It was blowing 25knots with gusts to 30 from the northwest. Boats taking part in the Wednesday night races danced around the invisible line waiting for the cannon signaling the start. It was just myself and Tom B., my only confirmed crew for the trip south, aboard for the race. With a lot of wind but not a lot of sea room, my heart was in my mouth as we flew in amongst the boats sitting idle on their moorings. We were just settling into a new course after tacking at the stern of the Bluenose II when a gust came and we heeled over further than I've ever heeled before, in my boat anyway. Everything I had failed to properly lash to my cabin top went sliding towards the rail, and my fender board went for a swim. While I hate to lose any gear overboard, I quickly realized it was no great loss, as it was completely composed of items I had scavenged from the shores of McNabs Island last summer. Then I noticed a piece of green line, snagged to a block on deck. If only by a thread, it was still hanging on!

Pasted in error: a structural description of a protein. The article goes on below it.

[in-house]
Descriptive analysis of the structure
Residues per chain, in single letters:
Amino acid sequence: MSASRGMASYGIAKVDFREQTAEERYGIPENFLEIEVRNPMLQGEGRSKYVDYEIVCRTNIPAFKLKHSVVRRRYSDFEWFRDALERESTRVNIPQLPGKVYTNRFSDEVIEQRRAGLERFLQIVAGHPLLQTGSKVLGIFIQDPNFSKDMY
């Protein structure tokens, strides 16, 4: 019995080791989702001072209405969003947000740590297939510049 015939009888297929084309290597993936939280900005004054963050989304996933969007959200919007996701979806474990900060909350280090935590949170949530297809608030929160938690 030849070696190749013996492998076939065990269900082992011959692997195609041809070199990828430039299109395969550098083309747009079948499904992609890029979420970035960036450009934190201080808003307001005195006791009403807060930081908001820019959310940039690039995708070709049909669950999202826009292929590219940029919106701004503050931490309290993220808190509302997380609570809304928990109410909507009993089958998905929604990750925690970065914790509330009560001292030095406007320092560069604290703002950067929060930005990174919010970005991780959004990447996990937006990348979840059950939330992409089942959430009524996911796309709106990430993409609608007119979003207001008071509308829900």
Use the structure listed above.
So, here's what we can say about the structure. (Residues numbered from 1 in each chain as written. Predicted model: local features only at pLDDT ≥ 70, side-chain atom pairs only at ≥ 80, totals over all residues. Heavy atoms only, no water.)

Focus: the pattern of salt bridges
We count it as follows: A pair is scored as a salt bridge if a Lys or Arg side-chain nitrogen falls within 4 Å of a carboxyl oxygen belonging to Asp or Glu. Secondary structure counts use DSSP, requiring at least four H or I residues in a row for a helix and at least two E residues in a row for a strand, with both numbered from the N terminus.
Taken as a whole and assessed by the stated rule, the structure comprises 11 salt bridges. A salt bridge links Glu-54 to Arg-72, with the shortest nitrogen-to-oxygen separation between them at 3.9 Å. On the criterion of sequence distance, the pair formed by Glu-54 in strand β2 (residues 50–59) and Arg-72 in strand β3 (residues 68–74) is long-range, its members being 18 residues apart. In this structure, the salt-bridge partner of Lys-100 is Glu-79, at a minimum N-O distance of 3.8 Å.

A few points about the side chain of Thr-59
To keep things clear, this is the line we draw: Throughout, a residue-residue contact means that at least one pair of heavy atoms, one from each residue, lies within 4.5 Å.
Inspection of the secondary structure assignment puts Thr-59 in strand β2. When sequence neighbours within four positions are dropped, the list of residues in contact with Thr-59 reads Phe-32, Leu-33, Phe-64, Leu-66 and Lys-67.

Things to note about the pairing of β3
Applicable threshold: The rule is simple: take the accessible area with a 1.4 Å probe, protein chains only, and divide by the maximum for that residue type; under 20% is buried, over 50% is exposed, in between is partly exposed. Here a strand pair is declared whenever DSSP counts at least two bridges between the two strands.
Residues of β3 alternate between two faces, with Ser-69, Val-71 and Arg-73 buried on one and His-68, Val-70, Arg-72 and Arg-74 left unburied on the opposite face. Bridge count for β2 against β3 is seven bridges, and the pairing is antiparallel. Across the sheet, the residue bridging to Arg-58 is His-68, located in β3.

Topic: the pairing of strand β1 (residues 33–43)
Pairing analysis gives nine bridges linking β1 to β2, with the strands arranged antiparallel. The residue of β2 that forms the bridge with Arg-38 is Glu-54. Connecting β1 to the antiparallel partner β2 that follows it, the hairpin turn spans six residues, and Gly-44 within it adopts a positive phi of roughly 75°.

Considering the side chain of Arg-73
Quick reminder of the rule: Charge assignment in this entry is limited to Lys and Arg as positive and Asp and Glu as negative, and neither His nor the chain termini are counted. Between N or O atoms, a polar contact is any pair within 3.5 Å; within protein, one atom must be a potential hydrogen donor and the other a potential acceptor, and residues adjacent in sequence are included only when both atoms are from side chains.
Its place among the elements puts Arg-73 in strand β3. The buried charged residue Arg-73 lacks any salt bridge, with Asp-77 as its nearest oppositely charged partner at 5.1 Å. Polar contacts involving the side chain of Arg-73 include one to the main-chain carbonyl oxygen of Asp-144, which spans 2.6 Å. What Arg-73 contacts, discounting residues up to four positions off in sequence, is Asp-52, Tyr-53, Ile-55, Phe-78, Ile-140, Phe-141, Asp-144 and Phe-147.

"How about we forget about the race Tom, and just go for a sail?". I felt much better as we made a downwind run for the outer bay, away from a game of bumper boats that I felt was imminent.
These sorts of experiences are important in pointing out things I should change or improve before my big trip. Adjustments to my bowsprit to allow my storm jib to be flown properly, a lower lead for my genoa sheet to prevent riding turns that can make it impossible to maneuver safely, just to name two. I don't mind a bit of wind, so long as there is room and I can retain the ability to maneuver! I'm not sure exactly how fast we were going, but under a reefed main and (slightly) reefed genoa, I'm sure we hit the top speed Annie Laurie has seen during my ownership.
I asked the 2nd mate from the Bluenose, who had been out sailing on the museum's Tancook whaler, how far I had heeled from his vantage point. He laughed and said, "Well, I saw the bottom of your keel! It was pretty intense...".
My mother loves reading about this stuff.